This Nobel Laureate Considers Faith and Science at a Snail’s Pace


In many respects, Roald Hoffmann, a Nobel Prize winner in chemistry and a Holocaust survivor, could be said to view scientific inquiry through a spiritual lens. At the same time, he's been known to examine religion with a microscopic exactitude.

During a recent speech and subsequent interview, the co-author of Old Wine New Flasks: Reflections on Science and Jewish Tradition, repeatedly invoked the words "faith" and "spiritual" when describing the wonder of seeing a natural chemical or physical process at work.

"I'm an unusual scientist in the sense that while I am an atheist, I have a lot of respect for religion and ritual," said Hoffmann, 70, at the start of the Jan. 27 talk at Congregation Beth Or in Maple Glen. The speech came two days after he addressed students and teachers at Upper Dublin High School in Fort Washington.

In a subsequent interview, Hoffmann added that religion "comes out of the same roots as science. Both are an attempt to understand the world around you. I think I understand the necessity for both."

He lamented the fact that due to the success of books such as The God Delusion by British evolutionary biologist Richard Dawkins, the public perception of scientists is that they're all out to discredit the merits of religion.

Hoffmann, the son of what he called "socialist Zionists," was born in 1937 in the town of Zloczow, then in Poland and now called Zolochiv in present-day Ukraine. In 1942, after the Nazis arrived, he and his parents were forcibly moved to the Jewish ghetto in that city, and were later sent to a labor camp called Lacke.

In 1943, his father, Hillel Safran, managed to smuggle his wife and son out of the camp. He was killed later that year after an escape attempt, according to Hoffmann. For more than a year, Hoffmann, his mother, Clara Safran, and several other family members, were hidden in a schoolhouse by a Ukrainian named Igor Dyuk, said Hillel Hoffmann, the chemist's son and a spokesperson for Temple University.

After the war, Clara Safran married a man named Paul Hoffmann, who adopted the young Roald.

A writer of several books of poetry, Hoffmann has tackled his Holocaust experiences most directly through verse, according to his son.

The family arrived in New York City in 1948. While he was pressured to become a medical doctor — or "real doctor," as he put it — Hoffmann pursued what he called "applied theoretical chemistry." His research has included the "electronic structure of stable and unstable molecules." In 1981, he shared the Nobel Prize with Japanese chemist Kenichi Fukui.

"The Nobel Prize has only been an unmitigated good for my mother and for my university," quipped Hoffmann, adding that he felt it largely an honor of chance that could have been bestowed on dozens of other scientists.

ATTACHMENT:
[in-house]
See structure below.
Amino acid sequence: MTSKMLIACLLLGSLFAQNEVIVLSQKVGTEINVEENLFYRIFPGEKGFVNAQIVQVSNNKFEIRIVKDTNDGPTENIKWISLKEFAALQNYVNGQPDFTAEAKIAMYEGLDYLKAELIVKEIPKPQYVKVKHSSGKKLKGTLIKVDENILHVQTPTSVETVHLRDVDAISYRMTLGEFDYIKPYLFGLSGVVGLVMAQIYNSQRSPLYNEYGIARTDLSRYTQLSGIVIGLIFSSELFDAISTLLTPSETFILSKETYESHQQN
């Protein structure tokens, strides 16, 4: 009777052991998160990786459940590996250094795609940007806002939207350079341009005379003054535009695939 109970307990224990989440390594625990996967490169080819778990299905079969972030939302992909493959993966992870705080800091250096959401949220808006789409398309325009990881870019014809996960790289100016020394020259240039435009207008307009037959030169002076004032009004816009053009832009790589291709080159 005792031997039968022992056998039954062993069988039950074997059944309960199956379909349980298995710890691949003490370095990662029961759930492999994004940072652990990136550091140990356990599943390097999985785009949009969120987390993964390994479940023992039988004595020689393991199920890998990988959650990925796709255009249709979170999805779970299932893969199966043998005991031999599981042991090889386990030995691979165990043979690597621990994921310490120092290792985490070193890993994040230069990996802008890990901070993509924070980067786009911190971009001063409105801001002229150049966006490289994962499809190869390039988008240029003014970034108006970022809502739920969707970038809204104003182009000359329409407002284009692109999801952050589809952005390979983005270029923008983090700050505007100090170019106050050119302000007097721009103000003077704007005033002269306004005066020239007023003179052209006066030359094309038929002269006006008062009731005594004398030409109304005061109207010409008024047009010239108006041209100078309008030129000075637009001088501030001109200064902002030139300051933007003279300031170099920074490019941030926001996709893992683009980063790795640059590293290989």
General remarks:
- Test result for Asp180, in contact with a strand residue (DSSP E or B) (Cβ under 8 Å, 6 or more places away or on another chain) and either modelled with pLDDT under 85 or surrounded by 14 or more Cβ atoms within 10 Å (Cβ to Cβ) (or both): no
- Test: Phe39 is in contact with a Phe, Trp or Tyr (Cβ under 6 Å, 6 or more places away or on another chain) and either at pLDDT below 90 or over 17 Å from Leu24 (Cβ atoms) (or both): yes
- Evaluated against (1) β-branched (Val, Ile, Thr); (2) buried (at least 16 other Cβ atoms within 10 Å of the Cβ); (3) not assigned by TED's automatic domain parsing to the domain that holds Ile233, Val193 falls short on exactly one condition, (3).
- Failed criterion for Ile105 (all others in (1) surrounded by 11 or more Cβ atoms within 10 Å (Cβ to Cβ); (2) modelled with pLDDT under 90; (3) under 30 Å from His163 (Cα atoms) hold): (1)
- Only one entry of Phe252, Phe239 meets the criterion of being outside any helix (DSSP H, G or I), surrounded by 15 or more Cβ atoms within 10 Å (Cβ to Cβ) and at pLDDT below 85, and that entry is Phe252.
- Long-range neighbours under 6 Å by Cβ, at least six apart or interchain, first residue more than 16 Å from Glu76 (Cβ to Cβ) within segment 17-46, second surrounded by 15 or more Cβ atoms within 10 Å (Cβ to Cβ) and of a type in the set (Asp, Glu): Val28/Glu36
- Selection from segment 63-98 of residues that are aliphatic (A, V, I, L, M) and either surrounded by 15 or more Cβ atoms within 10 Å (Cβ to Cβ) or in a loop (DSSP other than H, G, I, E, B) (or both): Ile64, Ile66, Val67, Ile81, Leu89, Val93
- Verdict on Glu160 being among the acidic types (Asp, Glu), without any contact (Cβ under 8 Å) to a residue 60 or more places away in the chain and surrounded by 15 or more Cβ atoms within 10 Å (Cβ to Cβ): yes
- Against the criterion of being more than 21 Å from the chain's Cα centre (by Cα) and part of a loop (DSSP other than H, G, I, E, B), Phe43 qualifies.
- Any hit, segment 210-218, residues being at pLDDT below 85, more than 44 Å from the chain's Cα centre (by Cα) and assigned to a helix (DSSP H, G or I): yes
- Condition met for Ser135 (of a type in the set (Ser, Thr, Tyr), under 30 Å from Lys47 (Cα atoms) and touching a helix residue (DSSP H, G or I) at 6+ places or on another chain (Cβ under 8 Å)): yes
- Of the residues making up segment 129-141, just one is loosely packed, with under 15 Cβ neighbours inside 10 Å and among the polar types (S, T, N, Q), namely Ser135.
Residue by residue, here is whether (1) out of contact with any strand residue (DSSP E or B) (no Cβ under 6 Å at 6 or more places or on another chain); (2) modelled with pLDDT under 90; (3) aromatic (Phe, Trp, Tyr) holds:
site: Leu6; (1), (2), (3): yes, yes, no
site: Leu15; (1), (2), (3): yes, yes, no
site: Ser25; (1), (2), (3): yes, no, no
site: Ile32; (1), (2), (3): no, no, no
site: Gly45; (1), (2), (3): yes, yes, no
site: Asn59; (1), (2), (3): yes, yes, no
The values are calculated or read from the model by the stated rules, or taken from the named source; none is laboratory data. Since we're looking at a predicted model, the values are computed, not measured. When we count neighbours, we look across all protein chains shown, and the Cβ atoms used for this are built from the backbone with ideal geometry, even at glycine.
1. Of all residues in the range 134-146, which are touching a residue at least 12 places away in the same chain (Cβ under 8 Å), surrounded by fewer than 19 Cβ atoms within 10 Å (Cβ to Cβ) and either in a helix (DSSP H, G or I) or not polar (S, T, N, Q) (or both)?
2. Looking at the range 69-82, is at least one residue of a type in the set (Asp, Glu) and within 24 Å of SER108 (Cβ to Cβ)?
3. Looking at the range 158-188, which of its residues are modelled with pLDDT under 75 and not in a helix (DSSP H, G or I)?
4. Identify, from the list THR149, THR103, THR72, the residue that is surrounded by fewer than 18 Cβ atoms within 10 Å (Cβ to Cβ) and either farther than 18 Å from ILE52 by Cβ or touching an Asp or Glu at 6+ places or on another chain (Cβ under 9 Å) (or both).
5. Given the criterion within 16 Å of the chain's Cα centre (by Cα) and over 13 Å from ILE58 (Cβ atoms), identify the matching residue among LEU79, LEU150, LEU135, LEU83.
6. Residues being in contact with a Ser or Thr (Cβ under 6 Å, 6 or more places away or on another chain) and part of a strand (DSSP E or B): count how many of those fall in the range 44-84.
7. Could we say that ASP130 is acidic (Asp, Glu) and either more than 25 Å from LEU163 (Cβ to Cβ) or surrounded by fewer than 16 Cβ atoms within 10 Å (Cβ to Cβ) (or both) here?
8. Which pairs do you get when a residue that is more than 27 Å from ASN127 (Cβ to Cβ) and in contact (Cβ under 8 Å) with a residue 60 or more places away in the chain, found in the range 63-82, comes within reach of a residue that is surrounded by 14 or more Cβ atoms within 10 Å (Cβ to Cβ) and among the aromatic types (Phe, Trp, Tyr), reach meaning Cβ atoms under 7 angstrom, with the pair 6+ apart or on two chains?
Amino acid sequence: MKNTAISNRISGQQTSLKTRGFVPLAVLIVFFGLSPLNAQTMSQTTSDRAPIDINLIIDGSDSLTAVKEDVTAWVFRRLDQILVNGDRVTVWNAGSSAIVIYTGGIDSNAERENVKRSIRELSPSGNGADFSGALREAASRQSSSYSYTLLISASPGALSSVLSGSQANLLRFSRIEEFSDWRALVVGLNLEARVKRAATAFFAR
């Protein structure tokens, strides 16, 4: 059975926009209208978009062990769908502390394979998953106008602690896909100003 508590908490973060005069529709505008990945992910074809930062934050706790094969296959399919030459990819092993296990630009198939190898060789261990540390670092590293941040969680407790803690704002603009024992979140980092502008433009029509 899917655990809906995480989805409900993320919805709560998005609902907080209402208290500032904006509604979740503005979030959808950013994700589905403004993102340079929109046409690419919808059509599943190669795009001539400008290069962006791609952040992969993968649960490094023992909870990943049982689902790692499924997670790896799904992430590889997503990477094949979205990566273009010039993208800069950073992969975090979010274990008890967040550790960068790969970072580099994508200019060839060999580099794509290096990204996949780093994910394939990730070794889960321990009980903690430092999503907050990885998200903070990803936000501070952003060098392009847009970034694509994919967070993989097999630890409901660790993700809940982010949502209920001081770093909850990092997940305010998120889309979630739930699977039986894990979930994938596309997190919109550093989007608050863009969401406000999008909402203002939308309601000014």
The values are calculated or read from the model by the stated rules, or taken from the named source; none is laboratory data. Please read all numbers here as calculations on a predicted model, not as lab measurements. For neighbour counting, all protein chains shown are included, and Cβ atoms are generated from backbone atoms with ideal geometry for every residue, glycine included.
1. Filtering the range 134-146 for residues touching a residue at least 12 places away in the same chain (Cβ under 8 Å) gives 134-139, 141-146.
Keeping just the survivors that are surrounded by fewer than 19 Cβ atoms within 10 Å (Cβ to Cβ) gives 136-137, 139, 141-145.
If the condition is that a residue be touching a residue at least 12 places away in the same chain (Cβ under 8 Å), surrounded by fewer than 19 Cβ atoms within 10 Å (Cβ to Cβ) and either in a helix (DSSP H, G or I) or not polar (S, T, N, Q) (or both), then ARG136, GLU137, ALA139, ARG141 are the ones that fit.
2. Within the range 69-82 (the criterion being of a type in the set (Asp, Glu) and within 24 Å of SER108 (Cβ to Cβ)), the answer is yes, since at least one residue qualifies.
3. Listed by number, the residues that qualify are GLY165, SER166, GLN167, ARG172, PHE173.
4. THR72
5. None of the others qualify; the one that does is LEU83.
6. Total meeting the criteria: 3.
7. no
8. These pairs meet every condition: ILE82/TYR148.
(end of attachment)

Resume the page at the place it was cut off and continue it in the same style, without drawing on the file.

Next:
In his Beth Or speech, the Cornell University professor focused on one passage from the book of Numbers that has captured his imagination, and led him on an intellectual journey that moved from faith and commerce in antiquity to cutting-edge biochemistry.

In Numbers 15:38, God tells Moses to "speak to the Israelite people and instruct them to make for themselves fringes on the corners of their garments throughout the ages; let them attach a cord of blue to the fringe at each corner."

Dying to Uncover the Source

He pointed out that today — and for much of Jewish history — the fringes on tzitzit are white, which on the face of it constitutes a seeming violation of the Torah. How did this come about?

In biblical times, a blue dye known in Hebrew as tekhelet was created from a particular species of Mediterranean snail, which secreted the color as a by-product or an organic chemical reaction.

According to Hoffmann, snail dyes were used to color clothing throughout the ancient Near East, and were often considered a status symbol.

He said that rabbinic sources prohibited the use of blue plant dyes on tzitzit, even though it could produce a similar result. Only the snail dye would suffice, even though it's not considered kosher to consume the mollusk.

(Hoffmann's interest in dye-making stems from a fascination with "proto-chemistry," which he defines as people engaged in chemistry without being chemists or having any knowledge of molecular structures.)

He explained that around the year 600 C.E., as the Jewish community grew more and more dispersed, the knowledge of how to produce the blue dye became lost.

Hoffmann said that biologists believe they've discovered the exact source of the ancient dye, but disagreement exists among religious authorities as to whether or not tzitzit should now be worn with tekhelet, which are more costly.

So, in going back to the basics, with all of Hoffmann's innate respect for Judaism, why has he eschewed a belief in God?

Simple, he replied.

The problem is that he is as moved by rituals from other traditions — including Afro-Brazilia — as he is by "what goes on in synagogue."


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